Program Directors and Interview Selection Committees look for certain criteria during the application process. Similarly, when presented with a residency application, they will make note of any red flags. There are a variety of red flags for a residency candidate, but do not worry! When you are aware of what might be a residency red flag, you have the opportunity to shape how your red flag is perceived.
What is considered a Red Flag in your Residency Application?
A red flag can be caused by many different factors in your application. It is important to note that red flags do not make you a bad candidate for residency, but they create a bit more of a challenge for the applicant. Below are some common residency red flags that a candidate may face.
- Prolonged Time Since Graduation: One of the more well known red flags within a candidate’s residency profile is having an extended “Time Since Graduation”. This refers to the amount of time that has passed since a residency candidate graduated from medical school. Typically, residency candidates with a medical school education gap of 5 years or more are referred to as “older candidates.”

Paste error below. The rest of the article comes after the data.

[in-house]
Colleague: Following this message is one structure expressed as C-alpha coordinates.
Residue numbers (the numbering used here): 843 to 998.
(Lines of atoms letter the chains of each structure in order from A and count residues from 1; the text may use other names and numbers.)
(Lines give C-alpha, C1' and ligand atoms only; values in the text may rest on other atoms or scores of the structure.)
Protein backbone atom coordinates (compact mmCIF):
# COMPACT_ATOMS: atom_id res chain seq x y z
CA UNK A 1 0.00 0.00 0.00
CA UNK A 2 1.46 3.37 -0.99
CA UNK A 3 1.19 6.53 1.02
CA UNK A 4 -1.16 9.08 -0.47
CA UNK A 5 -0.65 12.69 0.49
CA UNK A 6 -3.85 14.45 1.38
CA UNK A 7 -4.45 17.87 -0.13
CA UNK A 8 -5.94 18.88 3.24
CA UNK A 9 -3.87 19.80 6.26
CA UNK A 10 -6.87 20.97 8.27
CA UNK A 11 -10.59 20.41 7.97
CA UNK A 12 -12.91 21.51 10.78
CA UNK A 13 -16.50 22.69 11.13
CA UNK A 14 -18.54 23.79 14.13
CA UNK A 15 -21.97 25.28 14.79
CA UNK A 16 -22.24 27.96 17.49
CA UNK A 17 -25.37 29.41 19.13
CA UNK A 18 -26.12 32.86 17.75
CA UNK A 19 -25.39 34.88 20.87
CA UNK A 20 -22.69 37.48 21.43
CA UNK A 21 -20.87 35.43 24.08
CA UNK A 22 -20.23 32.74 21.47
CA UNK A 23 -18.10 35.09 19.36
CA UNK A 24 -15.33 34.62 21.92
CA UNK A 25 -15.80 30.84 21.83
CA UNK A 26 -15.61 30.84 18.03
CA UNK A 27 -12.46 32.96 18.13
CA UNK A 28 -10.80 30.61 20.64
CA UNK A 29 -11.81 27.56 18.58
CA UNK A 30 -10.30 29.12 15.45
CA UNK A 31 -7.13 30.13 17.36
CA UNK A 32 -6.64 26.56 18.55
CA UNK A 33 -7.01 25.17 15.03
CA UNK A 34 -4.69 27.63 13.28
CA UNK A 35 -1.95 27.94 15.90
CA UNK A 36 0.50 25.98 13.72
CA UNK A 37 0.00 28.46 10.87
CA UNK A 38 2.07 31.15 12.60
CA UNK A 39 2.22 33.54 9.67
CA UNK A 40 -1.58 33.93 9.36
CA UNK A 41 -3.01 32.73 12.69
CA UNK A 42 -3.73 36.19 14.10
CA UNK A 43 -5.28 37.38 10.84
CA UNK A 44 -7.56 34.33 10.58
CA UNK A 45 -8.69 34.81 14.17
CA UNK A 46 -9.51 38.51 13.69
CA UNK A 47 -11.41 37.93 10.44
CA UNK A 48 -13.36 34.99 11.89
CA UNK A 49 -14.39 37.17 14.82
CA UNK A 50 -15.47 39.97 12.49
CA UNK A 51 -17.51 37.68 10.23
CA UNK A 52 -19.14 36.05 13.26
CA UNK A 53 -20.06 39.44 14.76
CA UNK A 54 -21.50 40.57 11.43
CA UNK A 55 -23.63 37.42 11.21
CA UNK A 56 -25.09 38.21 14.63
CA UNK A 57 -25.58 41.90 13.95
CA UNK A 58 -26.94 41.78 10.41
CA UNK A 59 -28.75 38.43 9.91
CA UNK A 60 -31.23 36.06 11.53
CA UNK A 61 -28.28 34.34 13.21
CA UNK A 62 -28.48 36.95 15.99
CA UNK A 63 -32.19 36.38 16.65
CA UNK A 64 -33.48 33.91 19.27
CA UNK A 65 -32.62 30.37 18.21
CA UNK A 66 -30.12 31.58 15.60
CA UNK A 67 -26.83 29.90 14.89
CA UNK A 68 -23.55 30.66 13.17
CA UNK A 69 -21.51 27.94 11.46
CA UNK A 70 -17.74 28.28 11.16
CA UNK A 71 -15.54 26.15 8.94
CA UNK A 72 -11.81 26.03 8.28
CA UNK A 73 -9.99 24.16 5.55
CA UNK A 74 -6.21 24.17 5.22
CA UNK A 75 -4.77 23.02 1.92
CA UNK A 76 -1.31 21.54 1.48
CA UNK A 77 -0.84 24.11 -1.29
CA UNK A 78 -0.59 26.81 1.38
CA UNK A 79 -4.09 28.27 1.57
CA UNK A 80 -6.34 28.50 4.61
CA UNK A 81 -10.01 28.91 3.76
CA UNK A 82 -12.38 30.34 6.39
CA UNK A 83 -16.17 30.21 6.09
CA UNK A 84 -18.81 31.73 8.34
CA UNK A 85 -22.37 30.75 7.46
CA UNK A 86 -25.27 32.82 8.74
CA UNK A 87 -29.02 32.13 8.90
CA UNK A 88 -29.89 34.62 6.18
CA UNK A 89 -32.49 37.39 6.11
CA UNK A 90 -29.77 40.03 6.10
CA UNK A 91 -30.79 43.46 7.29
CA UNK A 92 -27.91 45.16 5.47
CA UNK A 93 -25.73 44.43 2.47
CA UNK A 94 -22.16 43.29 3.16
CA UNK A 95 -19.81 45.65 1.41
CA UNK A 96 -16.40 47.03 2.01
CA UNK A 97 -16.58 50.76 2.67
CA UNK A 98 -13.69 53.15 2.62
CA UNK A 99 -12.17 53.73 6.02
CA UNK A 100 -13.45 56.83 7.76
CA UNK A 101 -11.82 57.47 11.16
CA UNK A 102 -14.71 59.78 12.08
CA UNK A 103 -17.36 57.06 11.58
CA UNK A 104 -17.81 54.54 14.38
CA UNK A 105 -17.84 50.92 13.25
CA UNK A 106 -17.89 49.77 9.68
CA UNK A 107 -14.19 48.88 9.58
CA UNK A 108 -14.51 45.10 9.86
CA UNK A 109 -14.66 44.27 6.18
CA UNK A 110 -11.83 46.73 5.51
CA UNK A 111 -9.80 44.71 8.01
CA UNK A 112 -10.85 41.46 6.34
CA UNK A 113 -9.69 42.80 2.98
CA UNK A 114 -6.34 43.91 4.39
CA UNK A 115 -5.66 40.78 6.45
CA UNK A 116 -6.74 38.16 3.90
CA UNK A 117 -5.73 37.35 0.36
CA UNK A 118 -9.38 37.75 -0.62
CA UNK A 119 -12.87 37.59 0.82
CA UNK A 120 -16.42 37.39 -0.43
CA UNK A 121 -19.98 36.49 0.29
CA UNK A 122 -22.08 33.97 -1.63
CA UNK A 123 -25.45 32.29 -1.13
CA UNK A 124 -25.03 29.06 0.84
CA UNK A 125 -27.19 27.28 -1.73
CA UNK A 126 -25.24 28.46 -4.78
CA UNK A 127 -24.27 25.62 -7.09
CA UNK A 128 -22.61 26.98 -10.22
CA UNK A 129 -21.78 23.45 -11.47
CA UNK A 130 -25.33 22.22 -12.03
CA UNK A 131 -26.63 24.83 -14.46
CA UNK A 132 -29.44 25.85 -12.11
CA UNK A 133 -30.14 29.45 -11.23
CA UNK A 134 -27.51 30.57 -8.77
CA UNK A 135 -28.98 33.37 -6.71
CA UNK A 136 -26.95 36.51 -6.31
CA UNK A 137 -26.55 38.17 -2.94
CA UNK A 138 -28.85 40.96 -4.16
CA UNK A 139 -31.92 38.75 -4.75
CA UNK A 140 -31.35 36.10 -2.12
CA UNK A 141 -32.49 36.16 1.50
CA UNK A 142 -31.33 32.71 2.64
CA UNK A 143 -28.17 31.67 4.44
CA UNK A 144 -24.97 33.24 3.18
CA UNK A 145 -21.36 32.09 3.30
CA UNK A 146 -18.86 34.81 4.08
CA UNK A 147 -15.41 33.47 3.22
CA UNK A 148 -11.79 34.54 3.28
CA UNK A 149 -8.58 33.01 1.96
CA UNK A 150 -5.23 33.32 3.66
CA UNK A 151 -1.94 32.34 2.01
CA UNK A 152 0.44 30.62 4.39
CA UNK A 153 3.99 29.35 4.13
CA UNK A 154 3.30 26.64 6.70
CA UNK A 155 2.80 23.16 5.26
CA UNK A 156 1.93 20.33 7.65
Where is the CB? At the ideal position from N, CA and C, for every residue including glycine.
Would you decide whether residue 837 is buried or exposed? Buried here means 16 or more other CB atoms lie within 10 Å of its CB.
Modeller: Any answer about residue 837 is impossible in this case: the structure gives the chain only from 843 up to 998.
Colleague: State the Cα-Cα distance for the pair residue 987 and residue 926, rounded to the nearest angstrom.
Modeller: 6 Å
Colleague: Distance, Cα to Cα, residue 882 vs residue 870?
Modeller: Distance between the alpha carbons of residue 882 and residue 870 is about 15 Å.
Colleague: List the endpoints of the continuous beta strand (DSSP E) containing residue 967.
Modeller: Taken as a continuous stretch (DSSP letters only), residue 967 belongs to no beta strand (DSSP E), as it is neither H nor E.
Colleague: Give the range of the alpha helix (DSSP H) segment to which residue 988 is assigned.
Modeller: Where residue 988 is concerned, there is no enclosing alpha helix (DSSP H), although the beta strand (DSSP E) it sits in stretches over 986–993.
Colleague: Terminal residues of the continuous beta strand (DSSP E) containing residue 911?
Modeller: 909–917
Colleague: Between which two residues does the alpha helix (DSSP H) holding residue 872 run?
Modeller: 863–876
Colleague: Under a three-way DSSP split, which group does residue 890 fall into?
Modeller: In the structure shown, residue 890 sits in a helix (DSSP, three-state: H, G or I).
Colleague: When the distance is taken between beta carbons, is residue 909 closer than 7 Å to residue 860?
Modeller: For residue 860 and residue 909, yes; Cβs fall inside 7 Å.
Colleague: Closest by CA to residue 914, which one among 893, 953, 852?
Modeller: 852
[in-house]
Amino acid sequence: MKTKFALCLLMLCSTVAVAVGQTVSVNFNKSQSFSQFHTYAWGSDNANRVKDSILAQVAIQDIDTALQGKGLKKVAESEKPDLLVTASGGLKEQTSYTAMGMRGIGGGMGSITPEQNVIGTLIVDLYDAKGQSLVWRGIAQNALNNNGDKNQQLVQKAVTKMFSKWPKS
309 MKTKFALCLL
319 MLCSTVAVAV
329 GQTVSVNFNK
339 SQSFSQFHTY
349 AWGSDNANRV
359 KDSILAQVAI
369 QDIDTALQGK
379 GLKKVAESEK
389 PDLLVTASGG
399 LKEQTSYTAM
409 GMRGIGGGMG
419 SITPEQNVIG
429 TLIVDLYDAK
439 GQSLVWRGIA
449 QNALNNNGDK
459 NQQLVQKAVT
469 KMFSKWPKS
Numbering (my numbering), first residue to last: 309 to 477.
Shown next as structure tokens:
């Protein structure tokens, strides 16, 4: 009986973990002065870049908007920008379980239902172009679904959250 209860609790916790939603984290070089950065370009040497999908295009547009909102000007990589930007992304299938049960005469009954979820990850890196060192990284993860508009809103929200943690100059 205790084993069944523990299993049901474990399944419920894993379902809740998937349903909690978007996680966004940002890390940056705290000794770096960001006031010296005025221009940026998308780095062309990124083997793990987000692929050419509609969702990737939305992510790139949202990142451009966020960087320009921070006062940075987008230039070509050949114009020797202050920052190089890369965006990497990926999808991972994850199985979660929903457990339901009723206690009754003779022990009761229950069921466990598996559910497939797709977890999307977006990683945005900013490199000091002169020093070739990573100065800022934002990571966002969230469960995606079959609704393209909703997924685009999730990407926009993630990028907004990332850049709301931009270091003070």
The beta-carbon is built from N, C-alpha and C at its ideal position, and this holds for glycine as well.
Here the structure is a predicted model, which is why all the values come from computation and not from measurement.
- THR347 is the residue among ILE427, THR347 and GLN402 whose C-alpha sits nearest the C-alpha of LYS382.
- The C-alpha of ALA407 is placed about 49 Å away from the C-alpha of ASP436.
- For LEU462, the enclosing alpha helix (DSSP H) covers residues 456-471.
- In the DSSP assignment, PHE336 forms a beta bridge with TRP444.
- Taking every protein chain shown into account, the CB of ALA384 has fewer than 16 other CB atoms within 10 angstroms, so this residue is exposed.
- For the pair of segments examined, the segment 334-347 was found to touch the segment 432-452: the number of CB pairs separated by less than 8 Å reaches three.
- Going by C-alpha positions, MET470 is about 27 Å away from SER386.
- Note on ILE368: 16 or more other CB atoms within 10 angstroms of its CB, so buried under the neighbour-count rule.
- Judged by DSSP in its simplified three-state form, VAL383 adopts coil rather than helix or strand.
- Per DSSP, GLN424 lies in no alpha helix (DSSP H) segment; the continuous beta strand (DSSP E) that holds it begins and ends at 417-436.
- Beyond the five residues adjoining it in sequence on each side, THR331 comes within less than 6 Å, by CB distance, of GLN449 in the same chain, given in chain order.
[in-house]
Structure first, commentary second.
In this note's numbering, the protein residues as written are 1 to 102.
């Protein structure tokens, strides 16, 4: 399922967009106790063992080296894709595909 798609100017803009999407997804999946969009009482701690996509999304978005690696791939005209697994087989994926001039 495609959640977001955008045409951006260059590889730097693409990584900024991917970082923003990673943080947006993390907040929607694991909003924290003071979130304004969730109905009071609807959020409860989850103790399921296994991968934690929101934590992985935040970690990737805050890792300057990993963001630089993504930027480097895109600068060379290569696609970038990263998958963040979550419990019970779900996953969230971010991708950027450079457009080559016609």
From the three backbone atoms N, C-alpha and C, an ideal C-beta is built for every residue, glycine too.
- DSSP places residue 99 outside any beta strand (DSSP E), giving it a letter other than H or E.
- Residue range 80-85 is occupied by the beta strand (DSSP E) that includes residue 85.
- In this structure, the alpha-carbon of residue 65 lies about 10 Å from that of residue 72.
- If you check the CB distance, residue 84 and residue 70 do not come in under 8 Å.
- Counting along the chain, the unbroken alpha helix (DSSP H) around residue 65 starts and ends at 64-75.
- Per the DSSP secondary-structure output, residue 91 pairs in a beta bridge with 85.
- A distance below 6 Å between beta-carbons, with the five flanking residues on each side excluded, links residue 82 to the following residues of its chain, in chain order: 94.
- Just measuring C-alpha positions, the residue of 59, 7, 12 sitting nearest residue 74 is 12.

- Gaps in Professional Experience: A common red flag is candidates with breaks in relevant medical experience from the time they graduate from medical school until they apply for residency training. While it can be difficult to find a job in your field after graduation, going too long without medical experiences can reflect poorly on the residency candidate. This gap can cause residency Program Directors and their interview committees to question if the candidate has the up-to-date skills to move into residency smoothly.
- Extended Interruption in Medical School Education: Another red flag is for any residency candidate who took an extended break from medical school. This can happen for any number of reasons (financial hardship, familial obligations, personal health). There will be a specific question in the ERAS application that asks about any breaks in your medical school education. While it may be a necessary break, it is important that you give a thoughtful answer as to why your education was interrupted. If it warrants further explanation, you can include details about your situation in your Personal Statement as well.